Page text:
Dear Nashville,

Look, I’m sure you’re a lovely town. As a two-time Duke grad, I have to give a bit of respect to our fellow “Southern Ivy,” Vanderbilt. And yes, there’s that whole music thing, which is even better than the music scene in my hometown of Athens, Ga. (In fact, the only songwriter I know of from my high school naturally gravitated toward Nashville at some point.)

But you can’t just keep stealing all the great musicians from the East Coast. We’re dying over here. We’re getting slammed by everything from hurricanes to political movements telling us we’re not “real America,” which apparently only exists if you can see a corn field or coal mine from your house.

The latest is Nicole Atkins, whose voice should have been declared a state treasure in New Jersey. She’s a throwback in one sense — it’s easy to imagine her being fed a steady stream of Brill Building tunes and dueling with a Phil Spector Wall of Sound or a gargantuan Jimmy Webb arrangement. But she has embraced modernity, hosting a wonderful SiriusXM show and crowd-funding her albums with charming videos and other updates for those of us shrewd enough to chip in a few bucks. And she also writes the bulk of her own songs — quite well, in fact.

At some point, New Jersey isn’t going to take this any more. You already borrowed Bon Jovi for a while. What next — a mashup of Born in the USA with Courtesy of the Red, White and Blue?

(I know, I know — like most urban areas in the South, your politics are a bit more complicated than we might think from watching cringe-worthy Daily Show correspondent bits. I grew up in Athens, you know. Yes, that place made famous by Herschel Walker, Michael Stipe and the B-52s. Maybe you could send a few musical voices that way? Didn’t hurt Bob Mould’s career to hang out near UGA for a while.)

Don’t tell us you needed to take Atkins away from the East Coast to broaden her musical horizons. She’s already adept at any genre she chooses. Her Wikipedia page lists her genres as “crooner, soul, psychedelic, Americana.” Well, that narrows it down.

Sure, the country detour she takes on a couple of tunes on her new album, Goodnight Rhonda Lee, is worthwhile. She co-wrote two songs with Chris Isaak, each one turning the clock back a few decades. The opener, A Little Crazy, would be a little cliched if not for that gorgeous voice cutting through the over-the-top production. The titletrack, a wistful farewell to a trouble-making alter ego, brings modern psychology to a traditional country setting.

But, dear city of Nashville, we didn’t need you to teach Atkins how to get in touch with her inner Patsy Cline. She covered Cline years ago, one of many demonstrations of her genre-hopping skills. She also showed her range with a short collection of covers, Nicole Atkins Digs Other People’s Songs, in which she does a perfectly fine job of bringing Dream A Little Dream of Me to life, gives a lively reading of Nada Surf’s Inside of Love and takes the listener on a wondrous melodic ride on The Church’s Under the Milky Way.

And she shows plenty of range in her own work. Like Rachael Yamagata (probably the next East Coast chanteuse-songwriter you’re going to steal away from us), she knows her way around a torch song in both spare and complex arrangements.

She even shows dramatic range in her videos, from the foreboding Vultures to the playful Girl You Look Amazing, where she dances, bowls, dines and makes out with an invisible man over sharp guitar hooks and a disco bass.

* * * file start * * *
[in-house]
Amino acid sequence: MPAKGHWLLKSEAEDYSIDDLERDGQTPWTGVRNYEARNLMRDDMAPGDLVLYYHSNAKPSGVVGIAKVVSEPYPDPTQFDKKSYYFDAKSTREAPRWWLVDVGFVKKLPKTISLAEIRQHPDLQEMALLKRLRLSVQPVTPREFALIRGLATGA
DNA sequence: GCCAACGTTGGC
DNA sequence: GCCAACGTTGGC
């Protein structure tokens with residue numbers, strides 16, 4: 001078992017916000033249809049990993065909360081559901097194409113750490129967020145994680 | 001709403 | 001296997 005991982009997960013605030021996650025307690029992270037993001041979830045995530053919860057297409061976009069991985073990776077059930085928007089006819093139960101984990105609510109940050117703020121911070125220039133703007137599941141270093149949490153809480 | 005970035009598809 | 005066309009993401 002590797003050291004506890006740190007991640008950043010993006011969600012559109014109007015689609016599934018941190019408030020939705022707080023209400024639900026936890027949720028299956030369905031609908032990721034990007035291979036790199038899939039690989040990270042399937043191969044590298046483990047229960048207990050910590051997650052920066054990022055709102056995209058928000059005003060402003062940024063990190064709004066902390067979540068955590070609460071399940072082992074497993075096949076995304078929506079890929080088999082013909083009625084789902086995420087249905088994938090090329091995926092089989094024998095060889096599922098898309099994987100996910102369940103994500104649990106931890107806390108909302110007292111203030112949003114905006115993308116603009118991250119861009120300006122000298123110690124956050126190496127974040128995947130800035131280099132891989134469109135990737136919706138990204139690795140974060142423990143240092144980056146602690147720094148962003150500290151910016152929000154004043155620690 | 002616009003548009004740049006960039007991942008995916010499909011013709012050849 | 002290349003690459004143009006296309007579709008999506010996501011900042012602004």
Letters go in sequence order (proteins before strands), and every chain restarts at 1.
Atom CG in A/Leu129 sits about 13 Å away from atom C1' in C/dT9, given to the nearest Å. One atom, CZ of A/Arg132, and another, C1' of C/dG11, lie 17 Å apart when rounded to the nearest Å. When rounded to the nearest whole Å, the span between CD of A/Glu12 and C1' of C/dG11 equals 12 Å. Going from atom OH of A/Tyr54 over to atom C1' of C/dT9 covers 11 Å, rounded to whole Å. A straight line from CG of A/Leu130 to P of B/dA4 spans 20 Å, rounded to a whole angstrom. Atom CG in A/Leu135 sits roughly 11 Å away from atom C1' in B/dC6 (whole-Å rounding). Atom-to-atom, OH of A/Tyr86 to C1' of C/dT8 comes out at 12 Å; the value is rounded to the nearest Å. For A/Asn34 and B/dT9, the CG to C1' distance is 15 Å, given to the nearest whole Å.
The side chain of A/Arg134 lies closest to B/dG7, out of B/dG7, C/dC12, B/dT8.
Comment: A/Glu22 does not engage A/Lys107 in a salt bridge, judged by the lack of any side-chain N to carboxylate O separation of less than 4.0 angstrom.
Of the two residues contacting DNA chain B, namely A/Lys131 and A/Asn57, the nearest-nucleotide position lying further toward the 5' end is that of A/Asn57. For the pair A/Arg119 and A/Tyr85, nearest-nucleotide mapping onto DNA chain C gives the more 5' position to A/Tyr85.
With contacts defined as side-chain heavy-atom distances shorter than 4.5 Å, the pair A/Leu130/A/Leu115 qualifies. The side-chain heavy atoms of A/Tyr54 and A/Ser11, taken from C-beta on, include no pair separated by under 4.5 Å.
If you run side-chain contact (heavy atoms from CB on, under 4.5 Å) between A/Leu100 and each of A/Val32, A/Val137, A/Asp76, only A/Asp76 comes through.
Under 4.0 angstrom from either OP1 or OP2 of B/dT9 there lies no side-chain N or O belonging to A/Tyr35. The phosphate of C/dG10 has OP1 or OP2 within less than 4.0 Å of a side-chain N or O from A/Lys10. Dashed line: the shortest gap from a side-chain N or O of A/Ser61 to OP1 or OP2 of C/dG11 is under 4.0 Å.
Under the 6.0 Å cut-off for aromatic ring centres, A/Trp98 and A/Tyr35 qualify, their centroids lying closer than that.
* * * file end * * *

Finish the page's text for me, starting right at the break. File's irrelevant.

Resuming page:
Now she’s married. And newly sober. After years of finding hope in yearning and heartbreak — check out Together We’re Both Alone or Maybe Tonightshe’s certainly earned a life of domestic bliss. If she needed to move to make all that happen, fine. We get it. At least she left a nice note, bittersweet with a touch of the macabre, with the new tune I love Living Here (Even When I Don’t).

The common thread is all her different styles is that she sings the hell out of everything. It’s not all American Idol or modern RnB ego-tripping. I listened to Girl You Look Amazing for probably the 100th time this morning, and I still marvel at the subtle touches she brings in every line. She’s like a master blues guitarist, using bends and vibrato to bring the most out of a melody. I’d pay to hear her sing Three Blind Mice. Or maybe her next album will be heavy metal. Either way, I’m sure I’ll still be hearing something new on the 100th listen of Listen Up.

For me, that’s the standout of the new album. But I’m biased toward pop-rock with soulful flourishes — as much as I love Rachael Yamagata’s breakup ballad Reason Why, I’d love to hear her do more songs like Faster or 1963. Atkins offers up a sonic buffet here, building a bridge between country, RnB and whatever’s left of “adult alternative.”

So look here, Nashville. You didn’t make Nicole Atkins better. She made you better. And we’re not going to sit back and let you monopolize great singer-songwriter talents. At least she’s on tour this summer, and I can check her out in Arlington.

Wait, what? That’s Arrington, Va., not Arlington?

Dammit. Well, maybe one of my kids will go to Vanderbilt or something.

A pissed-off East Coaster who’s at least grateful that more people should get to hear Nicole Atkins



Tagged in:


About the Author

Beau Dure

Beau Dure learned everything he needs to know about life while stuffed into the overhead compartment of a bus writing Enduring Spirit, a book about the Washington Spirit's first season. He also wrote a youth-soccer book titled Single-Digit Soccer (it's both funny and angry), Long-Range Goals: The Success Story of Major League Soccer and several pieces for The Guardian, OZY, Four Four Two,, Bleacher Report and his own blogs, SportsMyriad and Mostly Modern Media. He's best known for his decade at USA Today, where he wrote about Icelandic handball.

View All Articles